I get so distracted looking to the future, worrying about the future and planning for it — but we’re talking short-term future here, like type-A summer planning, for example — that I forget about appreciating what’s in front of me. One of my talents is overbooking myself: handing out most of my free time to the highest (or lowest) bidders, because I’m worried about having too much free time. I need an income, after all!
But then I think, do I have not enough time now? Have I overbooked myself? Usually this only leads to more worrying, which culminates in an almost quarterly mini-freak out where I call Jose and he reminds me that this happens every quarter, and things aren’t as big of a deal as I’m making them.
I’m in a similar predicament now, of straddling a line between having a lot of time for myself, and taking on a second job and having substantially less of it. But I need an income, after all, especially for this next upcoming year of being abroad (and not having an income), then swindling enough money to cover my last two quarters of tuition.
One thing that helps me get a better sense of judgment when planning my life in such a way is talking to other people. I hear their own stories and ultimately become humbled by what I hear, in addition to gaining a lot of new respect for that person along with the capacity of humans in general to take on massive loads of work, stress and responsibility on a daily basis, because most of the time that’s just what needs to happen. Talking to other people puts my own life in perspective.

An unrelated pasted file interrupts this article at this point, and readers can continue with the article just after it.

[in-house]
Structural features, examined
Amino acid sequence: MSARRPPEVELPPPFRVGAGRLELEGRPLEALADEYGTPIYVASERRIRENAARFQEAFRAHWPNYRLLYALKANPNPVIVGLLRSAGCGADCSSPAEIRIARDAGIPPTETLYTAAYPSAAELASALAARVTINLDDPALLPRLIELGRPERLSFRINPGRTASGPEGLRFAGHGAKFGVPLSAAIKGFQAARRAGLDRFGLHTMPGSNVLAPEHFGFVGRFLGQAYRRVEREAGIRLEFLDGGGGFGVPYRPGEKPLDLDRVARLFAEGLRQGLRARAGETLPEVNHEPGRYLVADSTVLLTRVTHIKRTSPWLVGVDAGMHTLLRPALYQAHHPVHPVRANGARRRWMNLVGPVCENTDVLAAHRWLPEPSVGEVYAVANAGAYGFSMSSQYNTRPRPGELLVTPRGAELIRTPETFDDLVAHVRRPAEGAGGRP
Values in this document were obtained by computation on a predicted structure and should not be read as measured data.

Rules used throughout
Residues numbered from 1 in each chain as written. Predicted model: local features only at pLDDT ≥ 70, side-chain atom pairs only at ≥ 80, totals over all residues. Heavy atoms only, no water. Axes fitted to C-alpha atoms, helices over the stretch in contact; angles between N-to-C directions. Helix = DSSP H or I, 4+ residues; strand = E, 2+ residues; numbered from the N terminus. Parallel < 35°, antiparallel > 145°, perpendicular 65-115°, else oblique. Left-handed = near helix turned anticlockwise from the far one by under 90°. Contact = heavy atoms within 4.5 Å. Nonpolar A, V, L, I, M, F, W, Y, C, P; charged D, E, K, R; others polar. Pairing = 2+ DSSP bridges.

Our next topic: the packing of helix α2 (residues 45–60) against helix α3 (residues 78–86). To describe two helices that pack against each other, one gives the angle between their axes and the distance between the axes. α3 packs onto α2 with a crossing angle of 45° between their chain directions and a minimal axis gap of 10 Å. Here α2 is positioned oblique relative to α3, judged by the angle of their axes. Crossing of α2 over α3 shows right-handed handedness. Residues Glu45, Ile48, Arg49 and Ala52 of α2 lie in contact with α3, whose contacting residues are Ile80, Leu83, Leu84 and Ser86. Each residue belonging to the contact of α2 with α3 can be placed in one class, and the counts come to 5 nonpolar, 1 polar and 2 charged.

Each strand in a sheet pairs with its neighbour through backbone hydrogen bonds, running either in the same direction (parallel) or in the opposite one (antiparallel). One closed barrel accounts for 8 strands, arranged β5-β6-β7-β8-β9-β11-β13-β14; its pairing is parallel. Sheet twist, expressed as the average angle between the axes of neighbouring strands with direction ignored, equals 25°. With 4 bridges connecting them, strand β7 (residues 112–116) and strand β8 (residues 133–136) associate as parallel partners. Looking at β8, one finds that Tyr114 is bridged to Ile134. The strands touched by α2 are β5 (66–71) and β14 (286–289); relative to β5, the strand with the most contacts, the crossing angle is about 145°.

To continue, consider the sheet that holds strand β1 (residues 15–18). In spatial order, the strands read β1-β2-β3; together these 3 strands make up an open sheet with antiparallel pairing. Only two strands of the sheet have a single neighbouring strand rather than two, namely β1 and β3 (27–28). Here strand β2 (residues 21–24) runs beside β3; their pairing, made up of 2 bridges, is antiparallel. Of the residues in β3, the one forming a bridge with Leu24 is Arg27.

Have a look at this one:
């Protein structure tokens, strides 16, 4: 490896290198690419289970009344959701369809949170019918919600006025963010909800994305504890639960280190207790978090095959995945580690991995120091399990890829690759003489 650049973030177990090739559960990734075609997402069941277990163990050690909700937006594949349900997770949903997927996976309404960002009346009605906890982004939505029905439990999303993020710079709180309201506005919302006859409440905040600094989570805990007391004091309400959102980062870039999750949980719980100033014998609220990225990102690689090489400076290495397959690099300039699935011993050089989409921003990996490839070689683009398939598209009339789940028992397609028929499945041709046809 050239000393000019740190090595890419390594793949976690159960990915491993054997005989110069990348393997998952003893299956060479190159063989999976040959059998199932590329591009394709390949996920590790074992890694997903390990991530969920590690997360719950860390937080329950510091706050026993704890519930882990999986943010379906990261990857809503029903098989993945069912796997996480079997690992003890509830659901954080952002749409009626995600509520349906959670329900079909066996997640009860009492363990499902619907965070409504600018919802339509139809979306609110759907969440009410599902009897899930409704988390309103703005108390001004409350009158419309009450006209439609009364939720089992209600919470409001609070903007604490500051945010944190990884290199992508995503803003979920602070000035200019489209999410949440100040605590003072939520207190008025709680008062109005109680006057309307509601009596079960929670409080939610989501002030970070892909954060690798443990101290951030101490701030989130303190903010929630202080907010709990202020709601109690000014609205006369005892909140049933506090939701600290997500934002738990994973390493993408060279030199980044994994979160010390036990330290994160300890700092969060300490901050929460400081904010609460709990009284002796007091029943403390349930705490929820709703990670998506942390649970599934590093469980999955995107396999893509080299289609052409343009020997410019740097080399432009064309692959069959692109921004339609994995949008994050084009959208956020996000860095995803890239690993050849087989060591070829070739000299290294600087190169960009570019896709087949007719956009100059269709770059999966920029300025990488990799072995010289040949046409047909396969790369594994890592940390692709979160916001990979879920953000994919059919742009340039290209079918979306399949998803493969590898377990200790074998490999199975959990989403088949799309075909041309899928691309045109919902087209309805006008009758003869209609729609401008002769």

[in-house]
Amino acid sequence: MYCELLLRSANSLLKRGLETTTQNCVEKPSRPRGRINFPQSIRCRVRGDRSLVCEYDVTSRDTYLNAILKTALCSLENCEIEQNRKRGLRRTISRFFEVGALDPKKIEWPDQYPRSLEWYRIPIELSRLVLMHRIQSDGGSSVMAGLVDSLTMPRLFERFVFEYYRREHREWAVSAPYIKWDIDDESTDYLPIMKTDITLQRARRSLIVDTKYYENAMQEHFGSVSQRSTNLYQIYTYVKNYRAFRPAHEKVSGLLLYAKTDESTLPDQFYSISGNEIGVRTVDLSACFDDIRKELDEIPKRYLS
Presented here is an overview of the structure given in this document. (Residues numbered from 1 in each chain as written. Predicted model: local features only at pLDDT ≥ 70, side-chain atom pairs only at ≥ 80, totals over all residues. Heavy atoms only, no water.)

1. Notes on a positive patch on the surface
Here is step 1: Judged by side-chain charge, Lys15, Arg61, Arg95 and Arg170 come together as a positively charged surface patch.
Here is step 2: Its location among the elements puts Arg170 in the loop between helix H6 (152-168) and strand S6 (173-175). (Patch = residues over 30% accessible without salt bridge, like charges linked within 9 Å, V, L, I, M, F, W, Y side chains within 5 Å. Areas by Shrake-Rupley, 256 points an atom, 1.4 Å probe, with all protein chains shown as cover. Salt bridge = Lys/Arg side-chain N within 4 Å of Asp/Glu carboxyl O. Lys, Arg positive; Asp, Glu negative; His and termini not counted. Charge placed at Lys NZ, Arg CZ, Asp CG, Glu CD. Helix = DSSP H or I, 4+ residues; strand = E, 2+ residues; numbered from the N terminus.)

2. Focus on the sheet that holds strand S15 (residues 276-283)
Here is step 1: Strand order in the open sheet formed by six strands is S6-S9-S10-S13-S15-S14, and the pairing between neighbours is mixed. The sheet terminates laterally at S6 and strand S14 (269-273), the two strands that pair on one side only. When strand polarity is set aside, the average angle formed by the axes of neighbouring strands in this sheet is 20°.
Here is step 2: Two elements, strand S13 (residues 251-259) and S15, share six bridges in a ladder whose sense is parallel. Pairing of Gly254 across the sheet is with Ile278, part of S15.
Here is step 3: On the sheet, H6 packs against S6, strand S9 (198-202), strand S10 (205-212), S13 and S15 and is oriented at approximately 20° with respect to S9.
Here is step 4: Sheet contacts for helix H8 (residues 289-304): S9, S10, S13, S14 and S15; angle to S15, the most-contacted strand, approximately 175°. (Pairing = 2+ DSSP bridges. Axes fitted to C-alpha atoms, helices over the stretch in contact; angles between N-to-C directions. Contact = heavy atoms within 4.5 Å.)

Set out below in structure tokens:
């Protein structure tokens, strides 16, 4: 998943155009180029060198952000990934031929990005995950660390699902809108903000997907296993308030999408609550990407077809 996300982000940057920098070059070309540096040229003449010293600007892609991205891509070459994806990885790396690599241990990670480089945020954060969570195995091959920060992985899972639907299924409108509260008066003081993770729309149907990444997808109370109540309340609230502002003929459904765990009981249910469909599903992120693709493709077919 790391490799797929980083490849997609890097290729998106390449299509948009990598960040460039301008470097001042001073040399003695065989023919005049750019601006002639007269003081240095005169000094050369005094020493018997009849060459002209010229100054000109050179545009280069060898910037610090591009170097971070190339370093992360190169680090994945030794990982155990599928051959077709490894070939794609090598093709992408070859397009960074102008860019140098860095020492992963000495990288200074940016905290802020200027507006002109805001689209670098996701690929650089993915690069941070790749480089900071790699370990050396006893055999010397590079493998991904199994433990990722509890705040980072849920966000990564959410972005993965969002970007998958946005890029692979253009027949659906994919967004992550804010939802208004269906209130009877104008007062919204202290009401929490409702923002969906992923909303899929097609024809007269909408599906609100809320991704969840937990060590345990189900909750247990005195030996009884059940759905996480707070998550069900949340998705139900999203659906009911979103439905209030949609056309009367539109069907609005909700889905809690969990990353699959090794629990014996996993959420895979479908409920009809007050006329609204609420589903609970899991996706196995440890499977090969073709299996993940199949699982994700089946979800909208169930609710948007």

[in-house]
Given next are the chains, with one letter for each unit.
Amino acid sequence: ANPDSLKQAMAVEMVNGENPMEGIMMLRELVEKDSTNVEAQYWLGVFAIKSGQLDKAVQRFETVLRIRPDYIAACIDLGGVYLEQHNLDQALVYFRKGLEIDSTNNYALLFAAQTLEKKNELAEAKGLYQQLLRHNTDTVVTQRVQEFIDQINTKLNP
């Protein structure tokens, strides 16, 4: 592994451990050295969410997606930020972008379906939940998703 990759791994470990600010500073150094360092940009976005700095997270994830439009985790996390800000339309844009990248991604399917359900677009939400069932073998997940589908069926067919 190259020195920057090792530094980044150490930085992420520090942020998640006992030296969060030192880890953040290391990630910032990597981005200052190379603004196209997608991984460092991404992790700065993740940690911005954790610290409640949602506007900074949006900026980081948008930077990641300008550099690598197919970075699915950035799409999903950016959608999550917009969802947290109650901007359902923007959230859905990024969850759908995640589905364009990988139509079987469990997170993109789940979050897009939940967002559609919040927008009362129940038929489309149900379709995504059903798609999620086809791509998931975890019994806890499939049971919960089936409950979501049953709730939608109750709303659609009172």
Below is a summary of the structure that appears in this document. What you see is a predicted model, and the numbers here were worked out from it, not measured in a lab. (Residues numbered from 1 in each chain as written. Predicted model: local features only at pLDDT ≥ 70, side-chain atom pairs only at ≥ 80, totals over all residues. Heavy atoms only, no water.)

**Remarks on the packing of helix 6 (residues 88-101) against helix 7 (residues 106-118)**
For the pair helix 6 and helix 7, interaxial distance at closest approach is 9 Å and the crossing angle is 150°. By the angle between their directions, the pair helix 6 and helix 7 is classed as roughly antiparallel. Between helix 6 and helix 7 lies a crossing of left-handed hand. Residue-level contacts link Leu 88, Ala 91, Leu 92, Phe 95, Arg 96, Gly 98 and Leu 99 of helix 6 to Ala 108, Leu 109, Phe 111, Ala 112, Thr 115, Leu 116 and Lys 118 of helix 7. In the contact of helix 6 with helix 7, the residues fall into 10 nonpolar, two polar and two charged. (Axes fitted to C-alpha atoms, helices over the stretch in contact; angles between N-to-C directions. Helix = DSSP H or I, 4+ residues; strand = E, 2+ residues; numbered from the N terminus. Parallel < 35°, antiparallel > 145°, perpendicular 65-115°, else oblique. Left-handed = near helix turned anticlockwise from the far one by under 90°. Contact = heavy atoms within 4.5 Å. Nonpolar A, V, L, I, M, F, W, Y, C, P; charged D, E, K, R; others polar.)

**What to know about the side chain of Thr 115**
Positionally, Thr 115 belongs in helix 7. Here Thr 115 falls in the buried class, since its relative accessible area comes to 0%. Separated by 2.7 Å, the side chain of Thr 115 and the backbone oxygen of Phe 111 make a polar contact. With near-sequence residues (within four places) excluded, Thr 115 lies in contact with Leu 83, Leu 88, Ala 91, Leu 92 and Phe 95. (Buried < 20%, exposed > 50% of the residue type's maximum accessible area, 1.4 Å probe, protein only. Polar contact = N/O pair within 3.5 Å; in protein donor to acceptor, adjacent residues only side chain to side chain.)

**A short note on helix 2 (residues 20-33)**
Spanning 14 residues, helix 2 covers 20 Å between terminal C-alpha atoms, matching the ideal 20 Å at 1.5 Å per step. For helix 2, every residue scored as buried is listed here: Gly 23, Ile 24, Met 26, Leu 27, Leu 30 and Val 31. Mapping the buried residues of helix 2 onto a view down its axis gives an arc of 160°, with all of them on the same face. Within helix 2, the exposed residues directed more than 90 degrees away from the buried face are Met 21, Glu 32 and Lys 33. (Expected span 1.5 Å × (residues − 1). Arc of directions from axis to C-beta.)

It all reminds me of a quote by David Foster Wallace that I hope I never forget, in his commencement speech to Kenyon College (paraphrasing here): life means realizing that I’m not the center of the universe, even while my default setting is to assume otherwise.
Sometimes, I need to keep reminding myself of this, over and over, until my problems become easier to understand, and until I can humble myself into a clearer perception of the world, my place in it, and what I want my future to be.